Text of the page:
Grandparents are spending more on their kids and grandkids, and it’s making retirement harder
Author: Rachel Morgan Cautero
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- Most grandparents offer some form of financial help to their children and grandchildren.
- Long-term, this can make planning for retirement harder and cause financial strain for everyone.
- Grandparents should expect retirement to last 20 to 30 years and plan accordingly.
This year hasn’t been easy financially for many Americans. Between inflation, rising housing costs, and increasing interest rates, it makes sense that grandparents and parents may want to help support their children and grandchildren financially.
But studies show that it’s costing them.
My husband and I are lucky to have two sets of parents who are very generous with our kids, paying for things like gifts, vacations, and contributions to our sons’ 529 college savings accounts. But I’d never want them to contribute if it hurt their retirement.
But that’s exactly what’s happening to some grandparents. I spoke with Cyrus Bamji, Chief Communications Officer for Alliance for Lifetime Income and former vice president at AARP, about grandparents supporting their adult children and grandchildren, factors contributing to this trend, plus how grandparents can support their families — but still protect their retirement.
Nearly all grandparents help financially
Ninety-four percent of grandparents provide their grandchildren with some sort of monetary support — but 79% don’t consider themselves a financial supporter, according to a study by AARP. Grandparents report that they help financially support their grandchildren’s education (53%), living expenses (37%), and even medical bills (about 25%).
And this monetary support extends to adult children. Research from Savings.com found that 45% of parents were providing financial support for at least one adult child, contributing an average of $1,442 a month.
If parents weren’t supporting their adult children, they’d have almost $3,000 more annually to put into their retirement funds, that same research found.
At what cost?
While many grandparents enjoy financially supporting their children and grandchildren, they may not be aware of the ramifications.
“My mother used to say being a parent is a lifetime job, and that it’s in our DNA to continue supporting our kids whatever their age,” Bamji says. “It’s a noble commitment to support your family, but at what cost? Studies show that many grandparents are sabotaging their own financial future to help their adult children and grandchildren.”
“The bottom line is that Americans are putting their adult kids’ financial needs ahead of their own, and putting themselves in the risky position of running out of money in retirement themselves,” Bamji says. “Unfortunately, it’s not a pretty picture for many older Americans, especially those that are about to retire.”
Why does it matter now?
Adding fuel to the fire, there’s an impending cultural phenomenon on the horizon. Next year is what’s known as Peak 65, a historic event when the largest number of Americans in history will turn 65. But are they ready?
Research shows not.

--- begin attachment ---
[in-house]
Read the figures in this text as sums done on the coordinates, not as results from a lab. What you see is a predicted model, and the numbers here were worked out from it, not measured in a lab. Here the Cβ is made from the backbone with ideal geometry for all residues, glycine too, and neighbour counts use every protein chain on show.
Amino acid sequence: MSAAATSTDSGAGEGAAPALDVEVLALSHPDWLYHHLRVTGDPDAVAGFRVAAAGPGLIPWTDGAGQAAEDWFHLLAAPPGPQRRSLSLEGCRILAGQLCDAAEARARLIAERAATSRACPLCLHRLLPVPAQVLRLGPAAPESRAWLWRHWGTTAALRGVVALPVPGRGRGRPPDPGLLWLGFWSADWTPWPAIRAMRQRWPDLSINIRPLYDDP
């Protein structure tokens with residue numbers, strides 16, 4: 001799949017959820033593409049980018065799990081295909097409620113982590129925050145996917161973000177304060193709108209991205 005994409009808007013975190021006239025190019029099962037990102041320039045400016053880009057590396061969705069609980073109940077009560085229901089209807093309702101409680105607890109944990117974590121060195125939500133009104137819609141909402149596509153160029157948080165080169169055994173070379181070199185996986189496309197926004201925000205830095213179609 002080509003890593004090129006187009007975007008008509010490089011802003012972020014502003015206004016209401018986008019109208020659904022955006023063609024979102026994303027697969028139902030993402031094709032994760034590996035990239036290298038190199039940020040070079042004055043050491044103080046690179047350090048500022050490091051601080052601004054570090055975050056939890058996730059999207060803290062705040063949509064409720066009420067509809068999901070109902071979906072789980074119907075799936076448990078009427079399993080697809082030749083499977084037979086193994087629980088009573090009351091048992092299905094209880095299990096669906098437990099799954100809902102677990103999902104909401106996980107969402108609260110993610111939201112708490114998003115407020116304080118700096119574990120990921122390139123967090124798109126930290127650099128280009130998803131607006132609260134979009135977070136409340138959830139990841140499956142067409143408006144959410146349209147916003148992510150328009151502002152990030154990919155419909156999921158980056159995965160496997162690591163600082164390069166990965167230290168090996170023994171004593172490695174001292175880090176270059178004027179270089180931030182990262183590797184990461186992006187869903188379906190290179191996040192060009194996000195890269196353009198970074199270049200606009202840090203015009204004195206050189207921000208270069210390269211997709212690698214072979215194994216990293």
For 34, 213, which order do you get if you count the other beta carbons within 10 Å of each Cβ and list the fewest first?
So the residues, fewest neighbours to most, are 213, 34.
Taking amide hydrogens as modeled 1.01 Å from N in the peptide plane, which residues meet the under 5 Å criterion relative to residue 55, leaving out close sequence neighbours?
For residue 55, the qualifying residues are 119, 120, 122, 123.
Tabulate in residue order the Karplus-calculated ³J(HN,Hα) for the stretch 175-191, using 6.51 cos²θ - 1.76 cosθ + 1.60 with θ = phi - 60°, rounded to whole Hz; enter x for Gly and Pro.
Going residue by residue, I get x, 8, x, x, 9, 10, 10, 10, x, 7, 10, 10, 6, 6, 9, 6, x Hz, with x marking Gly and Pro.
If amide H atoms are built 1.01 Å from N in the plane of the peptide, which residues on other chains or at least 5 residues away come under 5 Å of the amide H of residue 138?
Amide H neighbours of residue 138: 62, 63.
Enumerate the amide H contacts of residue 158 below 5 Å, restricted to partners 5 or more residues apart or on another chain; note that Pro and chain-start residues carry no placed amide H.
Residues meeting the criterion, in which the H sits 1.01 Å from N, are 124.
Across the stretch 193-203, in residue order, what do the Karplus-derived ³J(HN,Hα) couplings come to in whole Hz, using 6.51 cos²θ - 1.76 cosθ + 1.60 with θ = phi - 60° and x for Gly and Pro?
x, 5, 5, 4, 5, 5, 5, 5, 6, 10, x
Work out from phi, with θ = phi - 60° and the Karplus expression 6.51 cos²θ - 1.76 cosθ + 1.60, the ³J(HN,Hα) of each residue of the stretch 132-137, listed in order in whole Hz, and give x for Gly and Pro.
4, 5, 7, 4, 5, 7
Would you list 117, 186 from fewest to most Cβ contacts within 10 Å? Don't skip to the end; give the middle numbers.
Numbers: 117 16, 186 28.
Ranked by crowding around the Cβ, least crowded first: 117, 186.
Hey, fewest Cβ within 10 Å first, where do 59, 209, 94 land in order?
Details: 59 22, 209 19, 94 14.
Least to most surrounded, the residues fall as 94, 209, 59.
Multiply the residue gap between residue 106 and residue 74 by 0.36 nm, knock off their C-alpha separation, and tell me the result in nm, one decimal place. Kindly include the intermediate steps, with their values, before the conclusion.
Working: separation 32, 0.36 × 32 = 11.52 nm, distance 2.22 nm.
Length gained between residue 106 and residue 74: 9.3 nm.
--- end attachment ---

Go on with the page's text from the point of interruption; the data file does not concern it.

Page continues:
More than half of people 45 to 75 don’t have enough savings to support them through their lifetime, while nearly a third say they won’t be able to cover their basic monthly expenses through retirement, according to a study by Alliance for Lifetime Income. Another factor contributing to this shortfall is the loss of pensions, Bamji explains.
“One of the key reasons why so many approaching Peak 65 are in this situation is that younger Baby Boomers, and the generations following them, have lost access to a vital source of protected lifetime income — pensions,” he says. “When this group of Americans entered the labor market around 1980, 60% of private sector workers had a pension plan. Today, that’s down to around 4%, with the burden for saving has shifted completely to the individual.”
So what can grandparents do?
Many grandparents may be left wondering what they can do to both support their children and grandchildren, but still protect their retirement and long-term financial health.
Bamji suggests retirees shift their investment strategies to include annuities, a financial product used primarily for retirees since it pays out a fixed income over time.
And there’s always the old, reining-in-your-spending approach. Filling your own financial bucket, so to speak, is the key to success for long-term financial health.
“Make sure you have a financial plan that outlines your sources of income and expenses, and that takes into account the strong possibility that retirement could last 20, 30, or more years,” he says. “You can’t rein in spending if you don’t know how much you have and what you’ll be spending it on.”
Next, being open and honest with your children and grandchildren regarding your financial situation is a must.
“Though talking about money with family can be awkward, your adult children deserve to understand your finances, especially if there’s a chance that they’ll need to turn around and help financially support you later in life,” Bamji says.
Other options grandparents might consider to support their family are opening a savings account, 529 college savings plan or Roth IRA account. Or grandparents might consider cohabitating with adult children and grandchildren to save money.
“Grandparents can financially empower their children by doing things like loaning money interest-free, with a repayment plan and parameters in place to help manage expectations, or considering having adult children move in with you to save money, but establish clear guidelines for their daily and monthly expenses,” he says.
“Aside from the financial benefits, living together under one roof creates opportunities to make lifelong memories and for relationships to strengthen between family members.”